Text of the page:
“She was in advance of her sister at the time, and just as she came up to the person, who was enveloped in a large cloak, he spurted a quantity of blue flame right in her face, which deprived her of her sight, and so alarmed her, that she instantly dropped to the ground, and was seized with violent fits, which continued for several hours.”

“Mr Scales said that on the evening in question, in a few minutes after his sisters had left the house, he heard the loud screams of one of them, and on running up Green Dragon-alley he found his sister Lucy, who had just given her statement, on the ground in a fit, and his other sister endeavouring to hold and support her.”

“She was removed home, and he then learned from his other sister what had happened.”

“She described the person to be of tall, thin, and gentlemanly appearance, enveloped in a large cloak, and carried in front of his person a small lamp, or bull’s eye, similar to those in possession of the police.”

“The individual did not utter a word, nor did he attempt to lay hands on them, but walked away in an instant.”

“Every effort was subsequently made by the police to discover the author of these and similar outrages, and several persons were taken up and underwent lengthened examinations, but were finally set at liberty, nothing being elicited to fix the offence upon them.”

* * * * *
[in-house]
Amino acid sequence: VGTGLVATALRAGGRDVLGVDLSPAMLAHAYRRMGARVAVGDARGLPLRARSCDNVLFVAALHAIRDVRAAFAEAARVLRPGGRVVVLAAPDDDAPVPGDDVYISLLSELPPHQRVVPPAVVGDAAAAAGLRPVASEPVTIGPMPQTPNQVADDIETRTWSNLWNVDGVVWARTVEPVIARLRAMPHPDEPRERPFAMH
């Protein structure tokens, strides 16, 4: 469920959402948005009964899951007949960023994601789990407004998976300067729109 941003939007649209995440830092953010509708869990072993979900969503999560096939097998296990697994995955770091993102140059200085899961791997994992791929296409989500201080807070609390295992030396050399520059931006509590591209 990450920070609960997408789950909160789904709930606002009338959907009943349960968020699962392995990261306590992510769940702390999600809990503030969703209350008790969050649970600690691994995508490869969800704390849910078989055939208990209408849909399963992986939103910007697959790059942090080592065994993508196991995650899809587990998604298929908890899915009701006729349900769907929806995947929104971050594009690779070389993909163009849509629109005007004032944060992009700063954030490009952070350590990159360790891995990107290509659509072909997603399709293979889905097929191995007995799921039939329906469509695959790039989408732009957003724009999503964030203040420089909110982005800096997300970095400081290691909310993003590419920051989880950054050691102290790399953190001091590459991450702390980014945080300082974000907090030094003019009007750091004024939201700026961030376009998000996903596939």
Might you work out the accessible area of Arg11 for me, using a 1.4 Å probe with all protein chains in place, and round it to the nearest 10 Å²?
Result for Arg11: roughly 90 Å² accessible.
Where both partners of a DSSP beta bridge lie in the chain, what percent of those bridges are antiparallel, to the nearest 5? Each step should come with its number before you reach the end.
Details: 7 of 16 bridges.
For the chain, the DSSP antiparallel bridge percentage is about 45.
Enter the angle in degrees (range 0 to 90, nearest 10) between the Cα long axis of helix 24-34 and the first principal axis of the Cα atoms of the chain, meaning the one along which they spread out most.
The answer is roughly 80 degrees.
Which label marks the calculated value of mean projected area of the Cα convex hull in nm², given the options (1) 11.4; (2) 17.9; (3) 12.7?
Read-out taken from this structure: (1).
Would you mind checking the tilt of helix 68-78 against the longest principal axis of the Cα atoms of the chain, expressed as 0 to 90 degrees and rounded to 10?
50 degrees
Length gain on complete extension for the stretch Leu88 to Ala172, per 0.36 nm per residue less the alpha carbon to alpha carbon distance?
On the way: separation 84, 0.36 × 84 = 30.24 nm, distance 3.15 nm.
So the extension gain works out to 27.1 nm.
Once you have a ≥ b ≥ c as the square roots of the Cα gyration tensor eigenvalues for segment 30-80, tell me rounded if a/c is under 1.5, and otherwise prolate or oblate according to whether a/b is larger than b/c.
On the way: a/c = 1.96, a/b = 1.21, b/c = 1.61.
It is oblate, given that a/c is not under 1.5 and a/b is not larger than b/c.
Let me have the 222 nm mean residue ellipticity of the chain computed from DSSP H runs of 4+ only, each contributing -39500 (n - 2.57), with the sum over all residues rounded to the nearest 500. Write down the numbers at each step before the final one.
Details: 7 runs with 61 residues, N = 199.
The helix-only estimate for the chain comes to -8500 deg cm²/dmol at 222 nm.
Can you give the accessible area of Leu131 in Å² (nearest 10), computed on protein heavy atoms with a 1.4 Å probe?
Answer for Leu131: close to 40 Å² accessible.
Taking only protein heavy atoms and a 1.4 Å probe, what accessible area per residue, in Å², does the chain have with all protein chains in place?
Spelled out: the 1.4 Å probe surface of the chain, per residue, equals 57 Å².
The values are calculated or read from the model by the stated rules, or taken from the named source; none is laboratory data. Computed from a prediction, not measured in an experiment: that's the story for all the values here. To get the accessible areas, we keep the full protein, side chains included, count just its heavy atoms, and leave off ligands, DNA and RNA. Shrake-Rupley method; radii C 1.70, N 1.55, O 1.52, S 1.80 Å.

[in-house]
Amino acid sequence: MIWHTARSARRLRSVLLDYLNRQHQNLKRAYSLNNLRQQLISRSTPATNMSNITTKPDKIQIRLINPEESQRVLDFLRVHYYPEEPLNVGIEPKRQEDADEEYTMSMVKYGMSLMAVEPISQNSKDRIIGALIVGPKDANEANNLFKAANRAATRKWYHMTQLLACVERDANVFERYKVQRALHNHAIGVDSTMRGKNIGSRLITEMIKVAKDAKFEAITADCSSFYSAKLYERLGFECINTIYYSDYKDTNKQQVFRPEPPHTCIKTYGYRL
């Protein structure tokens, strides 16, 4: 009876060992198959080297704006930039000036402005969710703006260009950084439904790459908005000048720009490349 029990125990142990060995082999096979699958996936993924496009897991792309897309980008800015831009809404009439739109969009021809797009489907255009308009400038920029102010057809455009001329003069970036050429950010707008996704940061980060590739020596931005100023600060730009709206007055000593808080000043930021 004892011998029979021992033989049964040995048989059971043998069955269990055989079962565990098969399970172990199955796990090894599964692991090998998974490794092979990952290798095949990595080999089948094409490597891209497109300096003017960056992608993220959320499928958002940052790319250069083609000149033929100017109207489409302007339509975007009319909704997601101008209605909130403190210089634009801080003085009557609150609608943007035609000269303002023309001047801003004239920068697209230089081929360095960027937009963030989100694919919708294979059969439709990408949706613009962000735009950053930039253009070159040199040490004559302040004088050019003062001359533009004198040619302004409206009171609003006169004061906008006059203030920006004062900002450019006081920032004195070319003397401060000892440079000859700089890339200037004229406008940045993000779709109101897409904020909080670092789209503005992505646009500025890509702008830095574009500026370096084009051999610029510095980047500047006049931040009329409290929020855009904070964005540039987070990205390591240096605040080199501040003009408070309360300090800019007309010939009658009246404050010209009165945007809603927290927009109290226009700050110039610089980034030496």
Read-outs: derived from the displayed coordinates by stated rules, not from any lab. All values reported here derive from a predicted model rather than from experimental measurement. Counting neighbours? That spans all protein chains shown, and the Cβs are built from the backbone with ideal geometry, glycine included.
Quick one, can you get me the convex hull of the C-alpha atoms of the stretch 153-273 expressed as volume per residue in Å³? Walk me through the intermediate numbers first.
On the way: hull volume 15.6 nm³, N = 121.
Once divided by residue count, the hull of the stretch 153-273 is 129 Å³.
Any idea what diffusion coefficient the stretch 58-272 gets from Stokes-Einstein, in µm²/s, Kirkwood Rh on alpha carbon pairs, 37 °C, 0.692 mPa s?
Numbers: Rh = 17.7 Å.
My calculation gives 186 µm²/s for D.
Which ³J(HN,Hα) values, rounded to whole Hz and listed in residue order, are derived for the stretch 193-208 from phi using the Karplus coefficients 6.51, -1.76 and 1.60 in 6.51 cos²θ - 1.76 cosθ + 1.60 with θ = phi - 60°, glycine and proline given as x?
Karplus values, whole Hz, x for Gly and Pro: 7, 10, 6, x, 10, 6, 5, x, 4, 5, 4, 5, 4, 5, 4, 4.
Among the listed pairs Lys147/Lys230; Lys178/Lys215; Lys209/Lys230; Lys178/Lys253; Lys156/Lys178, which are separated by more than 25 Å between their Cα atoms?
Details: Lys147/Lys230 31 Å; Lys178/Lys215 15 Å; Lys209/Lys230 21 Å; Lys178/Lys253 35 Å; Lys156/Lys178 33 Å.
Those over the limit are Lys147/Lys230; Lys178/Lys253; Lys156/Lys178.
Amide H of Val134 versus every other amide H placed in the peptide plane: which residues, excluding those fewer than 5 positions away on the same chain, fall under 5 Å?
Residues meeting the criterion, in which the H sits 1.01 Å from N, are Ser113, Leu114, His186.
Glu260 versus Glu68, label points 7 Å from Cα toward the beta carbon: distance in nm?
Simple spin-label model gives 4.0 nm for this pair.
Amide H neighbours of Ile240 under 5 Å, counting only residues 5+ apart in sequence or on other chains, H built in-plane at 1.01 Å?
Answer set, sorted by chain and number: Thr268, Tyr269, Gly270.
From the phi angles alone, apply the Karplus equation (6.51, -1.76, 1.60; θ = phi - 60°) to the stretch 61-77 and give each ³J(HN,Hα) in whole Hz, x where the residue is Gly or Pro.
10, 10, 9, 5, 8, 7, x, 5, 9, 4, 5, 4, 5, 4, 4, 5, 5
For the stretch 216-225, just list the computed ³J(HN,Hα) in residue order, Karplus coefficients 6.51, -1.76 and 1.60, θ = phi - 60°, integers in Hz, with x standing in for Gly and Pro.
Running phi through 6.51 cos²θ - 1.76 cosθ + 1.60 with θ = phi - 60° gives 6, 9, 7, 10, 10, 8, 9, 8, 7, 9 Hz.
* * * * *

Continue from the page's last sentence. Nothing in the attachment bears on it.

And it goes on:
After these two attacks in East London, many newspapers were full of the exploits of Spring Heeled Jack and a large number of copycat attacks began to happen leading to number of arrests of mostly young men attacking young women. The police were convinced that there was not one Spring Heeled Jack but a number of people dressing up to carry out the attacks. In support of this view was the fact that attacks were reported all over the country.

spring-heeled-jack-2

However even when the attacks grew less frequent, the legend of Spring Heeled Jack grew to become possibly the first Victorian Urban legend. In many areas especially London, Spring Heeled Jack  became a bogeyman figure used to frighten children so they would behave.

From the 1860s plays about Spring Heeled Jack were produced and in the mid to late 19th Century  the character began to appear in the Penny Dreadfuls magazines sometimes his character is changed that he fights evil as a sort of prototype Superhero. However in the 1880s the emergence of a real life murderer Jack the Ripper overshadowed the fictional Spring Heeled Jack and led to a decline in interest.

However to show that you can’t keep an urban legend down, in the late 20th  and 21st century  Spring Heeled Jack has had a resurgence with an appearance in a book from Philip Pullman, a novel by Mark Hodder, featured in number of comic books and is often mentioned in TV and films.

cover_spring_heeled_jack

Advertisements

Leave a Reply

Fill in your details below or click an icon to log in:

WordPress.com Logo

You are commenting using your WordPress.com account. Log Out / Change )

Twitter picture

You are commenting using your Twitter account. Log Out / Change )

Facebook photo

You are commenting using your Facebook account. Log Out / Change )

Google+ photo

You are commenting using your Google+ account. Log Out / Change )

Connecting to %s

Enter your email address to follow this blog and receive notifications of new posts by email.

%d bloggers like this: